September arts, music and events calendar

It’s already the last month of summer. (I know, what summer?).

Before the weather starts to turn, there are still plenty of events to enjoy — like dancing, outdoor music, watching theater in the woods, indulging in yummy food, admiring local art and more.

Festivals, block parties and other summer festivities are still around, so don’t cozy up at home too much just yet.

Maybe you always ride BART to San Francisco and Oakland — but now’s your chance to show some love to Berkeley, Millbrae, Concord, Lafayette, Walnut Creek and Orinda. Plan a new adventure, switch up your normal BART routes and explore new areas around the Bay.

Photo courtesy of Millbrae Art and Wine Festival’s website.

Millbrae Art and Wine Festival (Sept. 1-2) at Millbrae

Come over to Millbrae to partake in the “Last Blast of Summer.” The Millbrae Art and Wine Festival is celebrating its 48th year and will be offering Mardi Gras-style fun during Labor Day weekend. For food and drinks, there will be artisan specialty food, premium wine, the Hops Haven microbrew tasting tent and the Forty Creek Whisky sampling lounge. There will also be “Art Explosion,” a juried show with 250 professional artists and craft makers.

The music lineup includes 10 bands playing a mix of genres like 70s disco, hip-hop, 80s pop, 90s party hits and R&B. There is also a Kids’ Playland that will have a zipline, climbing wall, bungee jump and carnival rides. Hours are 10am to 5pm both days. Take BART to Millbrae and walk three blocks to the festival.

First Sundays (Sept. 2) at Civic Center/UN Plaza

The Civic Center Commons hosts weekend block parties on every first Sunday until Nov. 4. Visitors can enjoy food, recreational activities, an open-air bazaar and more. Off the Grid will curate a selection of street foods and Bonneville San Francisco KMVQ 99.7 FM will provide the tunes. The open-air bazaar will feature one-of-a-kind goods created by local SF Etsy artisans, and there will be an area for making DIY arts and crafts. On Sept. 2 there will be street soccer with prizes, a Friends of the SF Public Library book sale and a game of giant Scrabble. Admission is free. The event is from 11am to 3pm and will be located on Fulton Street between the Asian Art Museum and San Francisco Main Public Library. Take BART to Civic Center/UN Plaza and walk 5 minutes to the Fulton Street.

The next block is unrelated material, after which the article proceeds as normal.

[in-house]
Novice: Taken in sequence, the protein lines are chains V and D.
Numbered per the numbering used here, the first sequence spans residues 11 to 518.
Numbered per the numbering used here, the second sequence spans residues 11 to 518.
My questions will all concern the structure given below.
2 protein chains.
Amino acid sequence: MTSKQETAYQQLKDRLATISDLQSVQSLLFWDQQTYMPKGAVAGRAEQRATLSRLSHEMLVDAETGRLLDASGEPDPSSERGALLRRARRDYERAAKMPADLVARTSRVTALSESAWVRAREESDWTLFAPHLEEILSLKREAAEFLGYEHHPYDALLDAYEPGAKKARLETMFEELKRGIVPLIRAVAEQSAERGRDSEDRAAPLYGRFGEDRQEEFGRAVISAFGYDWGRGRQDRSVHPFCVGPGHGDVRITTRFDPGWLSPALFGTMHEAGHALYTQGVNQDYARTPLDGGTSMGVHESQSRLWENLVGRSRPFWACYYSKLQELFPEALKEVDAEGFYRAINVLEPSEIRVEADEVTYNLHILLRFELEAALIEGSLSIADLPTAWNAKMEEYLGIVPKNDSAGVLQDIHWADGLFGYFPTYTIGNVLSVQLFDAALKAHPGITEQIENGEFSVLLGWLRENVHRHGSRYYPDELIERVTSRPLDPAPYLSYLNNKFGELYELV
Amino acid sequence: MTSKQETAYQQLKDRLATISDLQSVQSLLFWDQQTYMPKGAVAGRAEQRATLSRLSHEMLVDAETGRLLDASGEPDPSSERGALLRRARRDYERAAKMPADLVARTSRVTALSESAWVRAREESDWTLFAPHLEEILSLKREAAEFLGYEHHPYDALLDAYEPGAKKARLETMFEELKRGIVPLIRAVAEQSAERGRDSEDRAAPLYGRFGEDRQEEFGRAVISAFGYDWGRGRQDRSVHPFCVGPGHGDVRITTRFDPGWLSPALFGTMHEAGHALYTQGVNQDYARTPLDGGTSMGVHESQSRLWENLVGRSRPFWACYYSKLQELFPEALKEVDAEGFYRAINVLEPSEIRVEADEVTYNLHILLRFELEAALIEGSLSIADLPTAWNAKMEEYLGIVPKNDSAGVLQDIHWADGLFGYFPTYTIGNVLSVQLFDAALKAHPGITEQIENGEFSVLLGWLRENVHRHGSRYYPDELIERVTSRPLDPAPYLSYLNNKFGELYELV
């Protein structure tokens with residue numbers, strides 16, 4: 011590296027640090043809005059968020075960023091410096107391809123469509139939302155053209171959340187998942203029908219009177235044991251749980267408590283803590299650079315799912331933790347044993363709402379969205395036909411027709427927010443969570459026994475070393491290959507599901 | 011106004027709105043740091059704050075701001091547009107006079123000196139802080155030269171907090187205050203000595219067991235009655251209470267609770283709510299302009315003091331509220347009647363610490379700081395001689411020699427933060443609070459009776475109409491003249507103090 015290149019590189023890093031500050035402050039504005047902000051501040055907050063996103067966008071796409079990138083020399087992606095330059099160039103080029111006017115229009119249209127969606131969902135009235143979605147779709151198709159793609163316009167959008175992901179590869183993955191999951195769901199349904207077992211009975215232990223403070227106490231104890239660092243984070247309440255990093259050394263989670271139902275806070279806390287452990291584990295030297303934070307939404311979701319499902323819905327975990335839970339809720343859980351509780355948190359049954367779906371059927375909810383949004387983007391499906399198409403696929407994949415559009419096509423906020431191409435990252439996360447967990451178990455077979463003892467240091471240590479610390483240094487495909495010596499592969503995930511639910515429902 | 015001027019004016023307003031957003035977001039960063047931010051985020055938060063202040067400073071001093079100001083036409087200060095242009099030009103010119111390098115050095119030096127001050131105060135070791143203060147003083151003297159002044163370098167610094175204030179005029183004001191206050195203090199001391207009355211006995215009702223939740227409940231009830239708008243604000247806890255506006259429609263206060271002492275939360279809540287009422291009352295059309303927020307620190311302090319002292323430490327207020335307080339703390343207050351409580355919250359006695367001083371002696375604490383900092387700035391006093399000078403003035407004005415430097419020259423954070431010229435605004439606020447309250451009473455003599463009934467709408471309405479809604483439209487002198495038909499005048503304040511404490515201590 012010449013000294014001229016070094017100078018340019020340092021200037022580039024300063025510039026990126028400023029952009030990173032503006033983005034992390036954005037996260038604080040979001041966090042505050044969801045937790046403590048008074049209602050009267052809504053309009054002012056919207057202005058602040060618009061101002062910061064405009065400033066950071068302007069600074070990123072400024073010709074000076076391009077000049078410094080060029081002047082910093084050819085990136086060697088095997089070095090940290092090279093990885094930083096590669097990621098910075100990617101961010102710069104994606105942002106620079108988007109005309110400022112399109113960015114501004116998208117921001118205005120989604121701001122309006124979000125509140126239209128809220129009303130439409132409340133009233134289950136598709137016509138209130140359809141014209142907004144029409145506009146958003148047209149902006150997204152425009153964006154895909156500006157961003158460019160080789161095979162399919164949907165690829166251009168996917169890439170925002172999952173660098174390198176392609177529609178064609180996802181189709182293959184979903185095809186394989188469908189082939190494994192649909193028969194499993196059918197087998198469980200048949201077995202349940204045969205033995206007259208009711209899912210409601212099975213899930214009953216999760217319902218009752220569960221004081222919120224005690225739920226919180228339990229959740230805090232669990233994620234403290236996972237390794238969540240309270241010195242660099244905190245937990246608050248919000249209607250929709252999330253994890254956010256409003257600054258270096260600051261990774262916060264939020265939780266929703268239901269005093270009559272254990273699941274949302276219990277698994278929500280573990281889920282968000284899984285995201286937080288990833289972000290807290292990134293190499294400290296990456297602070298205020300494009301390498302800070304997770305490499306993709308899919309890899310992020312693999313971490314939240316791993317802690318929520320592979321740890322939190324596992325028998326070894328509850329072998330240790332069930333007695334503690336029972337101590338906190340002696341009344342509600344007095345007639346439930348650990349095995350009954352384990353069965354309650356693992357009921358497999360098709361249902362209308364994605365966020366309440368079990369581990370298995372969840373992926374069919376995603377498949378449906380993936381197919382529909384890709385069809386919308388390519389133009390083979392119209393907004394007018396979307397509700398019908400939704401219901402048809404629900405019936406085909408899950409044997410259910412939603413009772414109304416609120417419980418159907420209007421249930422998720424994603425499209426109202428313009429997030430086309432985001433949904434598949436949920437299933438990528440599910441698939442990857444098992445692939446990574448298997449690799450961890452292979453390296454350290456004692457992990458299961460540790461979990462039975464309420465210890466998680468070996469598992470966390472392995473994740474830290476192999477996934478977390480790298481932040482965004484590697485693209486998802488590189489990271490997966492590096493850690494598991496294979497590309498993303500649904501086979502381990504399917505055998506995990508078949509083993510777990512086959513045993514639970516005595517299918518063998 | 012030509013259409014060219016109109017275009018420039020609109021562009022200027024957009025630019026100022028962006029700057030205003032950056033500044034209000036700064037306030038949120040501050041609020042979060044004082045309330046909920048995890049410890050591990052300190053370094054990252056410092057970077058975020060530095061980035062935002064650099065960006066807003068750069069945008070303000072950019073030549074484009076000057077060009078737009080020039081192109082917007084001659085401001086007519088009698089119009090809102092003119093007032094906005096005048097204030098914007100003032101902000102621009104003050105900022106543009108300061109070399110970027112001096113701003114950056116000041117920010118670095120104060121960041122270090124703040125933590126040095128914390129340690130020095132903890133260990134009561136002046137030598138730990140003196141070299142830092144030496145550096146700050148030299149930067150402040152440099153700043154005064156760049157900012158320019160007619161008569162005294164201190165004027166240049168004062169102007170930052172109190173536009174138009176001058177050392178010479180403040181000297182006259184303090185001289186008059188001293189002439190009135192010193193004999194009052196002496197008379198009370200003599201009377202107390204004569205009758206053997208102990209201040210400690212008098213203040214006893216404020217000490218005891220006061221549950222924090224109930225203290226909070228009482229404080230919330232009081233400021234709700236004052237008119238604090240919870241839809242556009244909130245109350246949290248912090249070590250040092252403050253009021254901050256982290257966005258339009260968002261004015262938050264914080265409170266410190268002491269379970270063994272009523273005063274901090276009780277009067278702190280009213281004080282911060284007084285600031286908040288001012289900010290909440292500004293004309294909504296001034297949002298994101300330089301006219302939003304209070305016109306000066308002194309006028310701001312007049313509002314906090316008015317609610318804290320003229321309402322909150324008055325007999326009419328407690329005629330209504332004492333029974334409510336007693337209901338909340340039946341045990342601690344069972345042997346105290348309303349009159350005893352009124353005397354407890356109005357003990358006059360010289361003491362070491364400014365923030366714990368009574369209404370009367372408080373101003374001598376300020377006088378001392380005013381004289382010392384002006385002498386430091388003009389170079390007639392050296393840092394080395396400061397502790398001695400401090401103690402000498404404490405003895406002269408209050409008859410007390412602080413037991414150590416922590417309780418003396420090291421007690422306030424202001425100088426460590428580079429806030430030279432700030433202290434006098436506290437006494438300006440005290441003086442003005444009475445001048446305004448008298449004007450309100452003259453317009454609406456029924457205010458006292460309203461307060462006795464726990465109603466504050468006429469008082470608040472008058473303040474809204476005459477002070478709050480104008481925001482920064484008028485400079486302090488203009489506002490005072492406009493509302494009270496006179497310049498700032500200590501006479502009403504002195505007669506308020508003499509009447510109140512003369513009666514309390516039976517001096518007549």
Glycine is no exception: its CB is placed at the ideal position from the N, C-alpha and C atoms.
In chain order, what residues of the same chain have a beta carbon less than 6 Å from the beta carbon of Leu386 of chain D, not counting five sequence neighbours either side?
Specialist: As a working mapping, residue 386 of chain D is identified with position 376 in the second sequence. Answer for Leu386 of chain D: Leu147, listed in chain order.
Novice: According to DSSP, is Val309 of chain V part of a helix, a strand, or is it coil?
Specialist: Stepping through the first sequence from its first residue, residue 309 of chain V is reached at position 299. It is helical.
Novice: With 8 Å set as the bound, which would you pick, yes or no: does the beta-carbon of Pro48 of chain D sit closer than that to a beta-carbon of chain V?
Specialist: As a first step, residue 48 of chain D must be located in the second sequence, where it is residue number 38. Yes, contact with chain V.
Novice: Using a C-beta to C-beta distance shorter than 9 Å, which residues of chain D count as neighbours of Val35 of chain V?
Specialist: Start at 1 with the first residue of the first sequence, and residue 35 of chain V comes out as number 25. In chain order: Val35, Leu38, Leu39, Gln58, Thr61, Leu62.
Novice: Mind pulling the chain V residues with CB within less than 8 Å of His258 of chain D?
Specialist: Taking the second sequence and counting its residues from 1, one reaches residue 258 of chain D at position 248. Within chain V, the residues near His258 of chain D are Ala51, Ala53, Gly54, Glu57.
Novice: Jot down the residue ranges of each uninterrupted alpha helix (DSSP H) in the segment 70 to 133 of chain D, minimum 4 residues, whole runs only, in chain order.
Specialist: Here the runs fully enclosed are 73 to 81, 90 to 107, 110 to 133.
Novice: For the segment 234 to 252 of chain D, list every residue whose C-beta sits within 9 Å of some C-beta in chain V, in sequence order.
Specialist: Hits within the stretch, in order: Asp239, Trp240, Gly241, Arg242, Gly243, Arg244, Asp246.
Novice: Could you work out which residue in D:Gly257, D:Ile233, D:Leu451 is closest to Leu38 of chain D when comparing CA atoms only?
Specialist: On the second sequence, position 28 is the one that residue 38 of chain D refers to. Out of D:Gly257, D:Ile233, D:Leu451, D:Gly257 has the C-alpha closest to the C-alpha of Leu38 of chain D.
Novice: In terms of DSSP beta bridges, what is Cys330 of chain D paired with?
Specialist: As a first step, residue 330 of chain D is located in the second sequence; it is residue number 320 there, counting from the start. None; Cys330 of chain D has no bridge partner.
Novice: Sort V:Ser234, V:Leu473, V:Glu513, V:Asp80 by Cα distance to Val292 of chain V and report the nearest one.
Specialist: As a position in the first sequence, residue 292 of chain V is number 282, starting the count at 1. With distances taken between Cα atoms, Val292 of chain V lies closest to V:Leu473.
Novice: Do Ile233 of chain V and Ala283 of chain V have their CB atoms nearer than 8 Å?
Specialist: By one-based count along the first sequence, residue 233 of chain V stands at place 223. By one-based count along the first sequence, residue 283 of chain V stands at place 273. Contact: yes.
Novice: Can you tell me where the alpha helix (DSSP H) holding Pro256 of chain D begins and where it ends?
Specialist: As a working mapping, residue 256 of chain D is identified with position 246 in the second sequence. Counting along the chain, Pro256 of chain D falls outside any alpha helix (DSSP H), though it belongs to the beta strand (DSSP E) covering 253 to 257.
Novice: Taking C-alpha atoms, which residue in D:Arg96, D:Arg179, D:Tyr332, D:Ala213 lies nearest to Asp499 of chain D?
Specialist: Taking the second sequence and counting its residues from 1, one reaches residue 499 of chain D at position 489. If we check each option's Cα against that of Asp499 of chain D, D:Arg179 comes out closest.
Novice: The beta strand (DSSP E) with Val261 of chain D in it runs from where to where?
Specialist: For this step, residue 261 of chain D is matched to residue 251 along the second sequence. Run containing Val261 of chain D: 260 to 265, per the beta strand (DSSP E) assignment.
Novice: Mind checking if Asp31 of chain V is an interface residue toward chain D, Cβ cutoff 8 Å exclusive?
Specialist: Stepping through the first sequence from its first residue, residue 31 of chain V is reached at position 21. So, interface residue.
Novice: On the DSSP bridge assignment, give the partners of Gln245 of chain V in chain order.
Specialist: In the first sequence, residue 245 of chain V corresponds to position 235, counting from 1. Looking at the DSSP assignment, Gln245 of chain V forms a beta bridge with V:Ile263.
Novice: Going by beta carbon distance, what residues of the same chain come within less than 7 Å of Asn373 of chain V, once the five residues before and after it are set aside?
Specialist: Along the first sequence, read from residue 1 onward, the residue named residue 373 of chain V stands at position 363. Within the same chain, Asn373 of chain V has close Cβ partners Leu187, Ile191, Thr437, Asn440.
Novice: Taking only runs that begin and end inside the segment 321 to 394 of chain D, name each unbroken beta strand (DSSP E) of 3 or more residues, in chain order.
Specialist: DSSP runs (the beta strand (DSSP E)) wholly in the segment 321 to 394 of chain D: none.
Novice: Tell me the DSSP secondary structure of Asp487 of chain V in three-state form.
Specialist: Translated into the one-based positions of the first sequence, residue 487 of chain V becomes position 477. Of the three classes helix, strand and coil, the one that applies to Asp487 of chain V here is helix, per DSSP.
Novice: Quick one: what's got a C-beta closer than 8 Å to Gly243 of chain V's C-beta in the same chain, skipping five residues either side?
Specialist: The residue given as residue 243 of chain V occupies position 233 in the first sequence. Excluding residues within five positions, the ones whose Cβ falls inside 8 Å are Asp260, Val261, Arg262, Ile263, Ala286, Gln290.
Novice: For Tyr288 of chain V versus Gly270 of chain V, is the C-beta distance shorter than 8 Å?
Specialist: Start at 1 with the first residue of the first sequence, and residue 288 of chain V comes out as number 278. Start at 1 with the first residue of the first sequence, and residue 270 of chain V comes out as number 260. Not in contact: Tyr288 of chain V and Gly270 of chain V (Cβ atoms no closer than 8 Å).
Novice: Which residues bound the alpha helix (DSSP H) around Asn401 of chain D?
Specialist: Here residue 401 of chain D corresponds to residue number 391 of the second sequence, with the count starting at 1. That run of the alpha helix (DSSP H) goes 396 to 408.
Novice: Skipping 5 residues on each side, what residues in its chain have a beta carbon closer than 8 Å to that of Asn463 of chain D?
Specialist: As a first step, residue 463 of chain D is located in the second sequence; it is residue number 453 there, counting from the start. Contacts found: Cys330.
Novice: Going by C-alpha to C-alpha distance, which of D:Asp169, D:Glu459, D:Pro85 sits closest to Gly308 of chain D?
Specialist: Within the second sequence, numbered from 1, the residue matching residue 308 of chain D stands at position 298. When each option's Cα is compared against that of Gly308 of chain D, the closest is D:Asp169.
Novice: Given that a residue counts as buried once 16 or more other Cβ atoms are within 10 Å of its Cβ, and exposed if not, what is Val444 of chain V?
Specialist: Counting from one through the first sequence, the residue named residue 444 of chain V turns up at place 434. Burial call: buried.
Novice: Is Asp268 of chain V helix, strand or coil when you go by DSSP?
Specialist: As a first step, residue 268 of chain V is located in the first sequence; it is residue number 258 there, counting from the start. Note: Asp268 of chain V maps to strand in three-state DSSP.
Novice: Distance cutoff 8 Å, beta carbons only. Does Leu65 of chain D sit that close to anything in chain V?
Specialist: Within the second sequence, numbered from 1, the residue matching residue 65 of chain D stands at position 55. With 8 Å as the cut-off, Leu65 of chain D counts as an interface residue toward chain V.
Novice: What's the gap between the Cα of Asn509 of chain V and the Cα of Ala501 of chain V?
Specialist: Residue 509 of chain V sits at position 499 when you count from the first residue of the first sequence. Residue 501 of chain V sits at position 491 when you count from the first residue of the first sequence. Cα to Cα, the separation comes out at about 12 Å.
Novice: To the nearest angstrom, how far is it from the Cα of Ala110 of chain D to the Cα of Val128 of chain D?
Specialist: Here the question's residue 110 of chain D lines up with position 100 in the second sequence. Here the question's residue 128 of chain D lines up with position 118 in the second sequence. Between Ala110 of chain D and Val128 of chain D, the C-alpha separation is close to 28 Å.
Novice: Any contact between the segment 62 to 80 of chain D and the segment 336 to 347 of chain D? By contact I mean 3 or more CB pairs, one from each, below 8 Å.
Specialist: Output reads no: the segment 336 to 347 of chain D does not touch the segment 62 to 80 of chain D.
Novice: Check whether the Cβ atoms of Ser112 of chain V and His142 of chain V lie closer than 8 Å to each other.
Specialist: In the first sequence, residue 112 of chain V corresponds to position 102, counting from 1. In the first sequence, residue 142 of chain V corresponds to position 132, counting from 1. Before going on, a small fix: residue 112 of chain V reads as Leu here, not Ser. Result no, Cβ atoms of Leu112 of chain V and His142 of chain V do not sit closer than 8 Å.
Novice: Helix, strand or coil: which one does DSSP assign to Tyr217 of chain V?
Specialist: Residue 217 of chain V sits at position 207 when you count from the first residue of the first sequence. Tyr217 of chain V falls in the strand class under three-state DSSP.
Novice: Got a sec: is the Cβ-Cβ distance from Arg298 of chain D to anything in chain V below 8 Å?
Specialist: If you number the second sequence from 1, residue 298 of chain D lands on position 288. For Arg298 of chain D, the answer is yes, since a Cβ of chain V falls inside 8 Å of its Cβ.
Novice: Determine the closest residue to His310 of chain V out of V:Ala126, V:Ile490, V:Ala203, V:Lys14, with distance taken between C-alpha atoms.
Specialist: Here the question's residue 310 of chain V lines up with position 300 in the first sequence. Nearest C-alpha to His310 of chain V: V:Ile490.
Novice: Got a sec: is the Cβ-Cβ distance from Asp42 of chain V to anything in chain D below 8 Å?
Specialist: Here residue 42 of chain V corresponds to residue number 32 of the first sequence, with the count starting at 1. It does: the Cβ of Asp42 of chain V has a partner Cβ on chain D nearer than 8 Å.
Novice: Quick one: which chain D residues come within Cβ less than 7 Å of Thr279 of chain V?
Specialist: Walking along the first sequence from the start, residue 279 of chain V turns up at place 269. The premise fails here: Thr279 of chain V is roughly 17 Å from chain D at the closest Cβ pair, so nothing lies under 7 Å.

Photo courtesy of Walnut Creek Downtown’s Facebook page.

First Wednesday (Sept. 5) at Walnut Creek

This is the final First Wednesday event this year for Walnut Creek, and what better way to kick off the last month of summer than enjoying a street fest filled with live music, dancing, outdoor eats, wine and beer, art, shopping and a Kids Fun Zone for families? This year, First Wednesdays is partnering with the Contra Costa Certified Farmers Market to show a Chef’s Demo so visitors can stop by and enjoy some yummy recipes. Jesse Daniel will be providing the evening’s entertainment. Admission is free and the event runs from 5:30 to 8:30pm. Take BART to Walnut Creek and walk 13 minutes to Cypress Street.